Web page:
Metacognition as a Catalyst for Student Voice

I recently began to follow @gianfrancoconto9 due to his knowledge and love of teaching language.  Following him on Twitter was meant to be as two of his posts sparked a thought towards effectively maximizing student voice in a teacher’s every day practice.

What is this revelation of maximizing student voice in one’s daily practice you ask?  Why metacognition of course!  It seems all but too obvious now.  Metacognition is a term we use and often promote in staff meetings and parent teacher interviews.  However, it is not necessarily efficiently used in the name of student voice in one’s classroom practice.brain

My previous post commenced with a question as to how do we get students finding and then using their voice?  At the time, I did not have a clear cut answer but now, I feel that I have a slightly stronger answer to support that question.  Metacognition is essentially, simplified with following three points:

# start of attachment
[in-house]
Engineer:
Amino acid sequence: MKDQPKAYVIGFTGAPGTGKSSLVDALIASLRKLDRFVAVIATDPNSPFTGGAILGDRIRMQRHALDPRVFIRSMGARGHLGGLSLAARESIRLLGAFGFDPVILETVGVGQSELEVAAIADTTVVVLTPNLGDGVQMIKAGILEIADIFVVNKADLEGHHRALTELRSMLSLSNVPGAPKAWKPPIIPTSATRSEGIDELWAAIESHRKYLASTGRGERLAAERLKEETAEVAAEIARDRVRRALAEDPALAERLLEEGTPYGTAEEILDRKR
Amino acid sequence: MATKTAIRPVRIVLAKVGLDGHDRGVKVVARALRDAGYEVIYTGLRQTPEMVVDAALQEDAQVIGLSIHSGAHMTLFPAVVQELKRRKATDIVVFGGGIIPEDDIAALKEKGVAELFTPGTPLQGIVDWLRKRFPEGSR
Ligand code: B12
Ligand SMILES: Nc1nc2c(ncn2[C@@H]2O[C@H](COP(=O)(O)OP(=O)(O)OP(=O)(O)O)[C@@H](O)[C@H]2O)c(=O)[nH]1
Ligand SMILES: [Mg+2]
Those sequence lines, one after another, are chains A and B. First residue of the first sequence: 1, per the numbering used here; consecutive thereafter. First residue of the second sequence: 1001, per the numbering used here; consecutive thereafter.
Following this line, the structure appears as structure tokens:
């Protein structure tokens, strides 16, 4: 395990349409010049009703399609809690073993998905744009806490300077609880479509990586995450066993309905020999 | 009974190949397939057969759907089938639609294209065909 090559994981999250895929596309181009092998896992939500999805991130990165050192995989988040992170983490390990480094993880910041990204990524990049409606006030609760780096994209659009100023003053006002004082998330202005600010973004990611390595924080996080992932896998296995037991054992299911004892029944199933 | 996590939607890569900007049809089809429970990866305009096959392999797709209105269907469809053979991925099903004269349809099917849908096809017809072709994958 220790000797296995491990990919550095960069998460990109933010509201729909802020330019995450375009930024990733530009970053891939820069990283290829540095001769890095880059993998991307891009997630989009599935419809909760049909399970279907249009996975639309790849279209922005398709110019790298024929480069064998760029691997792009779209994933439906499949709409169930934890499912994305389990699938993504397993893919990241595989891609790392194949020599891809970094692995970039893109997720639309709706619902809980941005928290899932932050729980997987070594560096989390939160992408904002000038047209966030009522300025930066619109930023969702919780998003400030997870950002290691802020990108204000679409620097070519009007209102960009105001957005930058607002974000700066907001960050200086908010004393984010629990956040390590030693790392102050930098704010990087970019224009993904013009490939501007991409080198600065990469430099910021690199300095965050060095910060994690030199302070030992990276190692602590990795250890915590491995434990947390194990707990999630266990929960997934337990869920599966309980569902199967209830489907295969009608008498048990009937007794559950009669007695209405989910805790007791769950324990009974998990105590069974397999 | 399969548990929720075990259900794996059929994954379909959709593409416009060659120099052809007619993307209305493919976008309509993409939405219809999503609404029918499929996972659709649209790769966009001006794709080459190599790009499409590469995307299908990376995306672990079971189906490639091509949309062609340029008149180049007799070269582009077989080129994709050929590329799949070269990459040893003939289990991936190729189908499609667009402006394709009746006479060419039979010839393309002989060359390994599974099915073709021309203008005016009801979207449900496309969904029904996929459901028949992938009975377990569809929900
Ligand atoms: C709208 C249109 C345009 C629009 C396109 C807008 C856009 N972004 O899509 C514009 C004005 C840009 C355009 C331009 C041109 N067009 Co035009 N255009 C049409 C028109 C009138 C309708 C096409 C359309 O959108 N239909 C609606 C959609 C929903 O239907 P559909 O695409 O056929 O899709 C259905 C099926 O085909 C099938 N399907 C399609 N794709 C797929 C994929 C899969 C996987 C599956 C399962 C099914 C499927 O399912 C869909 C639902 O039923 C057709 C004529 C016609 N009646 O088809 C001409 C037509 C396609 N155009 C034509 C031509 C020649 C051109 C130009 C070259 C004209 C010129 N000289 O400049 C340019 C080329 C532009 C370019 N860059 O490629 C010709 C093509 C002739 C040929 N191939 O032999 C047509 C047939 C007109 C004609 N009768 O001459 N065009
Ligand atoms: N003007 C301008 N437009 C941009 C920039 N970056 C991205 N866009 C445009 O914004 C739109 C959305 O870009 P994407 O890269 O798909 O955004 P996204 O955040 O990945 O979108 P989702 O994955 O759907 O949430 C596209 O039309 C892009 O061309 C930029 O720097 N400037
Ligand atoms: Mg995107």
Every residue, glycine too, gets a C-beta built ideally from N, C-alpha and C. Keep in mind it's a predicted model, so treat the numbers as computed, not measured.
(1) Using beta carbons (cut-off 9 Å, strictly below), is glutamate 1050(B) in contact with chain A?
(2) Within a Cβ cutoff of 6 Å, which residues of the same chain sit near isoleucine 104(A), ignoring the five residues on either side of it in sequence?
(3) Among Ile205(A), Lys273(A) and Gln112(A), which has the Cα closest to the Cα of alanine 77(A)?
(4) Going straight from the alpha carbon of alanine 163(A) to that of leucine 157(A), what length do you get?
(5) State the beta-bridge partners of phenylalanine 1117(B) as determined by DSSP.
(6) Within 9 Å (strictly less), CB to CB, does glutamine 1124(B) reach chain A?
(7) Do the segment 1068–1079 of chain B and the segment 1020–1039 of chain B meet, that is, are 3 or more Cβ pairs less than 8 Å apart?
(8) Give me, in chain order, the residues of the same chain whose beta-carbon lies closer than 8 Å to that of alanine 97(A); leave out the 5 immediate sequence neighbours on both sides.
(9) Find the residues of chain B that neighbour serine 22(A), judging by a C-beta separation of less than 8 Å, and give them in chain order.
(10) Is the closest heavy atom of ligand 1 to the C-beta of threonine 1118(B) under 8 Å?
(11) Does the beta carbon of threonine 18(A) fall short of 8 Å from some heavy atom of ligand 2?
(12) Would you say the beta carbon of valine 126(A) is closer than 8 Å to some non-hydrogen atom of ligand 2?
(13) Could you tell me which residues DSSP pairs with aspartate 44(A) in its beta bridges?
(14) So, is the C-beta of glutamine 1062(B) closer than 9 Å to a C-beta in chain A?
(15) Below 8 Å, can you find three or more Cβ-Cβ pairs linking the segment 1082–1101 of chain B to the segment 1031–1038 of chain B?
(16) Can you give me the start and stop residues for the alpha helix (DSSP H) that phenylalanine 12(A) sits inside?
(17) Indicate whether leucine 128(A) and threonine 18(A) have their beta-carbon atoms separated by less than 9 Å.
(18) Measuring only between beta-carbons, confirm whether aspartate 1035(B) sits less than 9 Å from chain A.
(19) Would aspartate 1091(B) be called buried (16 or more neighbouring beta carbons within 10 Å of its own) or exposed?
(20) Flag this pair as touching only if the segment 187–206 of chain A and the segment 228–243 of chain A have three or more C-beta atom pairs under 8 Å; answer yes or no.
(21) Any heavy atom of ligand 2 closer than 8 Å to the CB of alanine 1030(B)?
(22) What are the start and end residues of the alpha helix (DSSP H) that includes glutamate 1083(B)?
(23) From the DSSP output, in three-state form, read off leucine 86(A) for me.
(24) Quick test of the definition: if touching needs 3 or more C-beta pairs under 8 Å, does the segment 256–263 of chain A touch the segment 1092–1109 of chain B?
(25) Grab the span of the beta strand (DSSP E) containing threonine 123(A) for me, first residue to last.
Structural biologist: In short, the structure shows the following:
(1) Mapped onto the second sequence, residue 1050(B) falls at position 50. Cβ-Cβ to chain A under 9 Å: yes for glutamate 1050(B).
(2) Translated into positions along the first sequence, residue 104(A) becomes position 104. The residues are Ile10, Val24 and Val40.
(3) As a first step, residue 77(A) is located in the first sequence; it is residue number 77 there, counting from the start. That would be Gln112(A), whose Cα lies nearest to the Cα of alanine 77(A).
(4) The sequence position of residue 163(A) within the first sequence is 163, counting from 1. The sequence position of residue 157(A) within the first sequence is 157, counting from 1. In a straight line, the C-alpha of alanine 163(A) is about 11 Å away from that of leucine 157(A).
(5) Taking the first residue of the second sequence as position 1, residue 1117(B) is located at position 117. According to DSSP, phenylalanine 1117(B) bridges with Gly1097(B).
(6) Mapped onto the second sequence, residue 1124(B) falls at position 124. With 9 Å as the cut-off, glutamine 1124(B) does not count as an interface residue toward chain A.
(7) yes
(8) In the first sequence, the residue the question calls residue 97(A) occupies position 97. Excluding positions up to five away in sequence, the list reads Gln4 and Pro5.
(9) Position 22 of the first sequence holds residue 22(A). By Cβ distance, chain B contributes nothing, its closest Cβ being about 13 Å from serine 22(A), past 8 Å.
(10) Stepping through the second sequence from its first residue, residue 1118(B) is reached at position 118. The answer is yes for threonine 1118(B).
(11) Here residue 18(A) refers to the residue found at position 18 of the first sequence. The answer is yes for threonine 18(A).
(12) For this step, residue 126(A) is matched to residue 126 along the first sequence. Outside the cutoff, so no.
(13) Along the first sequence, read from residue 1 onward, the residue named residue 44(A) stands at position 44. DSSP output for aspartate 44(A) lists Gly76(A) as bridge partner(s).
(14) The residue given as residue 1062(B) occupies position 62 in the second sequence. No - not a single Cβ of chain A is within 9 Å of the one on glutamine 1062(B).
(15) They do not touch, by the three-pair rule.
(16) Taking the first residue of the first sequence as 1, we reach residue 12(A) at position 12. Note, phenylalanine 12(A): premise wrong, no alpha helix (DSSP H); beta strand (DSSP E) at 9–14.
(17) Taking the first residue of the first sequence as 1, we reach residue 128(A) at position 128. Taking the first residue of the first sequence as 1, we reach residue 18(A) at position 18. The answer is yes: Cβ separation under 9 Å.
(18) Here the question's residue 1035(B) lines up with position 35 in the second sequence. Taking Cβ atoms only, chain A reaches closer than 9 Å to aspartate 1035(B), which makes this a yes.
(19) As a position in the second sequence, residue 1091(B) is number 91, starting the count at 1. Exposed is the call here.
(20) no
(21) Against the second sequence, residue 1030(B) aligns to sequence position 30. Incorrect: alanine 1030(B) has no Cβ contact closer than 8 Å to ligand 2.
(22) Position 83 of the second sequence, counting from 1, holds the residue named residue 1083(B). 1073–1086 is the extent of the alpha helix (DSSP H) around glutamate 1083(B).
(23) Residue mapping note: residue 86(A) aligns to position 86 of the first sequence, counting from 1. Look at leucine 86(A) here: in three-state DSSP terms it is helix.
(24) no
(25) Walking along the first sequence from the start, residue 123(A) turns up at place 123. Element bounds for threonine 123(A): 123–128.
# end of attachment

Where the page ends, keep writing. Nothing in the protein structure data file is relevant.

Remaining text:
• self-awareness of one’s learning process
  • connecting the dots of learning from the past to learning of the moment
  • learning how to learn

In Gianfranco’s post on metacognition notes that students need encouragement and continual support to foster their metacognitive capacity.  This is sparked through intentional planning of designing questions for students that promote their thinking process and require them to reflect about what they are doing and why.  Of course, the majority of educators do this on some basic level but are we intentionally doing this to promote student voice or academic achievement?

A great strategy presented by Gianfranco in another post was that of L.I.F.T.  The acronym stands for Learner Initiated Feedback Technique. Within this technique, students are encouraged to seek out feedback on their submissions to promote their academic growth and metacognitive awareness.  This is such a brilliant idea that not only promotes student growth but student voice.

Of course, metacognition is but one way to bring to light student voice, but certainly stands as a great starting ground for any teacher new to the effective use of student voice in the classroom.

So the next time you collaborate with your students in creating an assignment, have them ask YOU questions along the way that intentionally support their growth as a learner, and consequently, the use of THEIR voice.

(photo courtesy of  Available on Flicker)

This entry was posted in educational practice, metacognition, student voice. Bookmark the permalink.

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